Challenge 3: Going it alone

We are seeing an increasing trend for schools to “go in-house”. Many are happily taking on board the idea that external, one-off courses will not deliver much impact by themselves while ignoring the research that shows that external support and challenge is a vital component of effective teacher development.

Actually, one-off courses can be perfectly effective at informing teachers of new ideas and challenging preconceptions. However, without effective models of coaching, enquiry and joint practice development back in the school, these inputs are unlikely to translate into improved teaching practice and student outcomes.

External consultants and courses vary hugely in quality, of course, and it is important to choose carefully. Databases such as the Good CPD Guide should be used to compare offerings from hundreds of different providers and look for independent reviews, rather than relying solely on one organisation, on brochures or on word-of-mouth recommendations.

Another good approach is to engage in joint lesson-planning, moderation and observation with leading teachers from other schools and/or consultants. Other options are to get challenge through engagement with a local higher education institute, from Twitter, and from book/research study groups and TeachMeets.

Whatever you choose, do not lose the external support and challenge, but do make sure that each half-day of external input is accompanied by at least a whole day of joint planning, observation and discussion back in school.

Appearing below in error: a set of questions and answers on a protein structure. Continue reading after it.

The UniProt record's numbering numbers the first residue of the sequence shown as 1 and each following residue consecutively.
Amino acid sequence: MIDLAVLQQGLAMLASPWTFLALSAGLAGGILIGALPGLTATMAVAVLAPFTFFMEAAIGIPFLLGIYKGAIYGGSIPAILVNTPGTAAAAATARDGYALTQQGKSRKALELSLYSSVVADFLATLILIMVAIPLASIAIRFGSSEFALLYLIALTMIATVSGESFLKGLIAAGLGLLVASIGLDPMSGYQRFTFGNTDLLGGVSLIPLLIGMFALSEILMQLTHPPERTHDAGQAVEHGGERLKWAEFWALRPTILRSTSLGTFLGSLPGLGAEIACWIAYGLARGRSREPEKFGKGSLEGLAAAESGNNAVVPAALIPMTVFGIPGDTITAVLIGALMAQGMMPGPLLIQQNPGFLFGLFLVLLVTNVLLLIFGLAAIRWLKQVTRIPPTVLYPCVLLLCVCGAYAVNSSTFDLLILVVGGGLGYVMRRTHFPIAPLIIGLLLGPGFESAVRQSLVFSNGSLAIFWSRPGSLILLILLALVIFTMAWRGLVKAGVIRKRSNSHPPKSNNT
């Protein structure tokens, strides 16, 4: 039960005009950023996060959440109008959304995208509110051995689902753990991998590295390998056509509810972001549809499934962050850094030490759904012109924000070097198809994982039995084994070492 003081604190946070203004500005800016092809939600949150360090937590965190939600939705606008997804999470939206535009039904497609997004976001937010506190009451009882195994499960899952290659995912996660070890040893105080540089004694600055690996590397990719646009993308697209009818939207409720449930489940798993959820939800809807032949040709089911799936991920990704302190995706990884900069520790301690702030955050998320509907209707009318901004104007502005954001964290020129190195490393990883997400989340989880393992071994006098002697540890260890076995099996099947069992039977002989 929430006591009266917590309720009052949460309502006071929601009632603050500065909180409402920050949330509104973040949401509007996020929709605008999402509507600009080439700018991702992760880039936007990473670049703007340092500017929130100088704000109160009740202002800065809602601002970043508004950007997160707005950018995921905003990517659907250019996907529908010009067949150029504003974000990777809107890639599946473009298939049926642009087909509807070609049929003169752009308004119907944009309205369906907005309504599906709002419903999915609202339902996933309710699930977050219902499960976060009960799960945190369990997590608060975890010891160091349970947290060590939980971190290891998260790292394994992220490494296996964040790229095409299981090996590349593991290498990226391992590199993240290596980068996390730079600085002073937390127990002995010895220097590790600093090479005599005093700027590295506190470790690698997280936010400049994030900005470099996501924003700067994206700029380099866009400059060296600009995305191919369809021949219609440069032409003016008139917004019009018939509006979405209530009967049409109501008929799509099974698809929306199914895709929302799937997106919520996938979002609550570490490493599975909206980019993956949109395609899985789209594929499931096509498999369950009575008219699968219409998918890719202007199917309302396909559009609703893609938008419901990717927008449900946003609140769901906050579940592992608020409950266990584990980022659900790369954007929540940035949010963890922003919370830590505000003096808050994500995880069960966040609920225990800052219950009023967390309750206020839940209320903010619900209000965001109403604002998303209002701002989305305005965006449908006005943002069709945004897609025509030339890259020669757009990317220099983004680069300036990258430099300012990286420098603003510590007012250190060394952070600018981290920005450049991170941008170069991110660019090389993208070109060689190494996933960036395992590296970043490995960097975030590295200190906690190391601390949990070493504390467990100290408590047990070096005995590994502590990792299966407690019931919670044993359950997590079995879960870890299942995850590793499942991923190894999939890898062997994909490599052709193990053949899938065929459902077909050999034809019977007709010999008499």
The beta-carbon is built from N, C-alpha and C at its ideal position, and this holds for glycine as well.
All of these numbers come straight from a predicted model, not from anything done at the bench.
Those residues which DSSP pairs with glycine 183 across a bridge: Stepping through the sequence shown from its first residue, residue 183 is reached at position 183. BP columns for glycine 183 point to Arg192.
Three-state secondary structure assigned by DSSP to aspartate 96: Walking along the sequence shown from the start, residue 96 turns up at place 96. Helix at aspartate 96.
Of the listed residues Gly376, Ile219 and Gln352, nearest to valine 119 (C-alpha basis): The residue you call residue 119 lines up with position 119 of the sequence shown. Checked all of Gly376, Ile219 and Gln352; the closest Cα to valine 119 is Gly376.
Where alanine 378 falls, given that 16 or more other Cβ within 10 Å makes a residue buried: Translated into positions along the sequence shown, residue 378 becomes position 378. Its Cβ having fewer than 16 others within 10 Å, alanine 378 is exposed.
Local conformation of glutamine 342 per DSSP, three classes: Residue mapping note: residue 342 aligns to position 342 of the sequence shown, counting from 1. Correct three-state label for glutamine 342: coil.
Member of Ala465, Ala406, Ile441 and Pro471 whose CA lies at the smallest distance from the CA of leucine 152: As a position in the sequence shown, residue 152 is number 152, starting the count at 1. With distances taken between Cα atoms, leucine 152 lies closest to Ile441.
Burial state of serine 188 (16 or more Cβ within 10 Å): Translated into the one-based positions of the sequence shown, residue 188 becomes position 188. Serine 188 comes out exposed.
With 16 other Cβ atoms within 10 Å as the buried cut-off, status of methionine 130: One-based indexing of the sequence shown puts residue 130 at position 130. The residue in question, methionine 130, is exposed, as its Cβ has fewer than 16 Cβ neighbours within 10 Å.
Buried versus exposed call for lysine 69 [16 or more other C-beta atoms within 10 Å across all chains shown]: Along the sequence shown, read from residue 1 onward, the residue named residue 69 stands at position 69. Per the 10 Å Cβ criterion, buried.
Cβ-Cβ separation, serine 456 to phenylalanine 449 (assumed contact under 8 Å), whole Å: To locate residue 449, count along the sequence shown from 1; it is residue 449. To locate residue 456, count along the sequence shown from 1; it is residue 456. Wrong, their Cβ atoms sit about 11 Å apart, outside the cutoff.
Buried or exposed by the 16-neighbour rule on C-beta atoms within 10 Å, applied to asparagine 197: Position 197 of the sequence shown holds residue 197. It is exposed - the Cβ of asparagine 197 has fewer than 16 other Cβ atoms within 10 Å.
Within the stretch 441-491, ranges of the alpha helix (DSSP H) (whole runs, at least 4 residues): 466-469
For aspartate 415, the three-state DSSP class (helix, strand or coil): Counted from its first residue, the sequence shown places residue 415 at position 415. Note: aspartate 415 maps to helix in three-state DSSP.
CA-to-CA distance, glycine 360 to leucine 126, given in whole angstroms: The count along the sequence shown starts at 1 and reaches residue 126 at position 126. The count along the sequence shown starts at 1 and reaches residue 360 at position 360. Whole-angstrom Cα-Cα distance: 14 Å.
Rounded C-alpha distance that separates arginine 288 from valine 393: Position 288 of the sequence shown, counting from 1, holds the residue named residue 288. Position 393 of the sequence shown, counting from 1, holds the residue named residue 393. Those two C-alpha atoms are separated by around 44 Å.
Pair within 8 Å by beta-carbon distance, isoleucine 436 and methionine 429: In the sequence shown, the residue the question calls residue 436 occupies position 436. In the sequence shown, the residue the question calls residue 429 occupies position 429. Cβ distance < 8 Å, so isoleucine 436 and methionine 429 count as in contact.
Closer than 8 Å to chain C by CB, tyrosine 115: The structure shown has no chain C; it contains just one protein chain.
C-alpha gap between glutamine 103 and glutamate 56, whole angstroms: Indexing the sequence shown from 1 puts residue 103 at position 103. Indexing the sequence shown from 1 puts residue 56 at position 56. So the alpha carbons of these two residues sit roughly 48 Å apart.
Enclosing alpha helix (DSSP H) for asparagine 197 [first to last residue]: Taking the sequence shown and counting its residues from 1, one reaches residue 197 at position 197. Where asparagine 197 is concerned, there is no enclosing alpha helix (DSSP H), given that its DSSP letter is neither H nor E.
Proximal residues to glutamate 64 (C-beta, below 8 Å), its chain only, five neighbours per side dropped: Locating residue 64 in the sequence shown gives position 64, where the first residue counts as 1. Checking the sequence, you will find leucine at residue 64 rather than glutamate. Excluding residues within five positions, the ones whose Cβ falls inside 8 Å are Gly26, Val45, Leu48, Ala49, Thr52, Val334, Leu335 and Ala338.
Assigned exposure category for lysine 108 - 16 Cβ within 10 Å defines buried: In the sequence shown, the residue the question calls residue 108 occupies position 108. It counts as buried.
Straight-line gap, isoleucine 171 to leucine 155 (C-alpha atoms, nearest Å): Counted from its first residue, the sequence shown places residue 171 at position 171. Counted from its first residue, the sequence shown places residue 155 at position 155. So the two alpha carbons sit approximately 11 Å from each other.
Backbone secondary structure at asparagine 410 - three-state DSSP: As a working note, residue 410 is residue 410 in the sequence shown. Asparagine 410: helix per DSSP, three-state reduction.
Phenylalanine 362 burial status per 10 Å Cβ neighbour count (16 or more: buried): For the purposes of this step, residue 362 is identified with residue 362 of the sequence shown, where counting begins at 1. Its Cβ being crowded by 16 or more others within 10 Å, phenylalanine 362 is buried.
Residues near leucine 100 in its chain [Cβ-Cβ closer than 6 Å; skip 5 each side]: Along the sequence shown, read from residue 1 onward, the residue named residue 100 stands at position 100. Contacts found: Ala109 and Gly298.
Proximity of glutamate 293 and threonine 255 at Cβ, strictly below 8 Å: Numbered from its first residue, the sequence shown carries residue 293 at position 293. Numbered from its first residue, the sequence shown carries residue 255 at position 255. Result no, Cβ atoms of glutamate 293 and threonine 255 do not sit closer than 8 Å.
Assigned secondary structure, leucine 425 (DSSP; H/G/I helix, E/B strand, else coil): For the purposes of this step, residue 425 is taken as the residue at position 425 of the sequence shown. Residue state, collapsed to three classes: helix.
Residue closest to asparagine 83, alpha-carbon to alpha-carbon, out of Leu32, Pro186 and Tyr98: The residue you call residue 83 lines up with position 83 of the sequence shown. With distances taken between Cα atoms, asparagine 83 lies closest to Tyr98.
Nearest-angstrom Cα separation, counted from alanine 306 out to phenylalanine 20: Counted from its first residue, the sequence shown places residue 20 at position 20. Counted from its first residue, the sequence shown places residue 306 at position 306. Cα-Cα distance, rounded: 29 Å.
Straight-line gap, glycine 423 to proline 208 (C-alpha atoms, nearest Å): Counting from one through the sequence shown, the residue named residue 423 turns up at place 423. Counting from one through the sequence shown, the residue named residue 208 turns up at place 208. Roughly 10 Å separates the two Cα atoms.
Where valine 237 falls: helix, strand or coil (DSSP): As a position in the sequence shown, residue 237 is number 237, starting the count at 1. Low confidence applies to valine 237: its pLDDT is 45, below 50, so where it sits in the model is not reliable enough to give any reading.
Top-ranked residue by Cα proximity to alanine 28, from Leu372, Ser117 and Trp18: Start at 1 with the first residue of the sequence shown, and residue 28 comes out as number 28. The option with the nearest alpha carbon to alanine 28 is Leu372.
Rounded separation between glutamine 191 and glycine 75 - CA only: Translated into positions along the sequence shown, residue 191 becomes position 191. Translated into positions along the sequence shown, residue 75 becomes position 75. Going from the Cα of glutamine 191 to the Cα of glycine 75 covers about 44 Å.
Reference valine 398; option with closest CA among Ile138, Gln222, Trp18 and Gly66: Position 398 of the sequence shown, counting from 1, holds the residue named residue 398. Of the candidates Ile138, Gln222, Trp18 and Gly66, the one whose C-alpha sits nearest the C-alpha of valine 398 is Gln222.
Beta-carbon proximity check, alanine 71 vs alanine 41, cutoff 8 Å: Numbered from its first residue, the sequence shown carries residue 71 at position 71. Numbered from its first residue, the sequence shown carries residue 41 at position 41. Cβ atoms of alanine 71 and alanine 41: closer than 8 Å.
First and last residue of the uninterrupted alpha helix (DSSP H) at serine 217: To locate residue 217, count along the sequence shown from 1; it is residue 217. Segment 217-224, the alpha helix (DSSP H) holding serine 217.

What’s next?

A handful of our members have reached our very highest “gold” standard level of professional development. These schools include The Wroxham School in Hertfordshire, Cramlington Learning Village in Northumberland, and Canons High School in Harrow, and all of them have been working on transforming their approach to professional learning for many years. 

In order to help you establish where you are on your journey, and to benchmark yourself against other schools, you can download our charity’s free CPD Quality Audit tool and self-assess your progress. If you then go on to join the network, this can then form the basis of the full peer audit.

  • David Weston is the chief executive of the Teacher Development Trust, a national charity for effective professional development in schools and colleges. Visit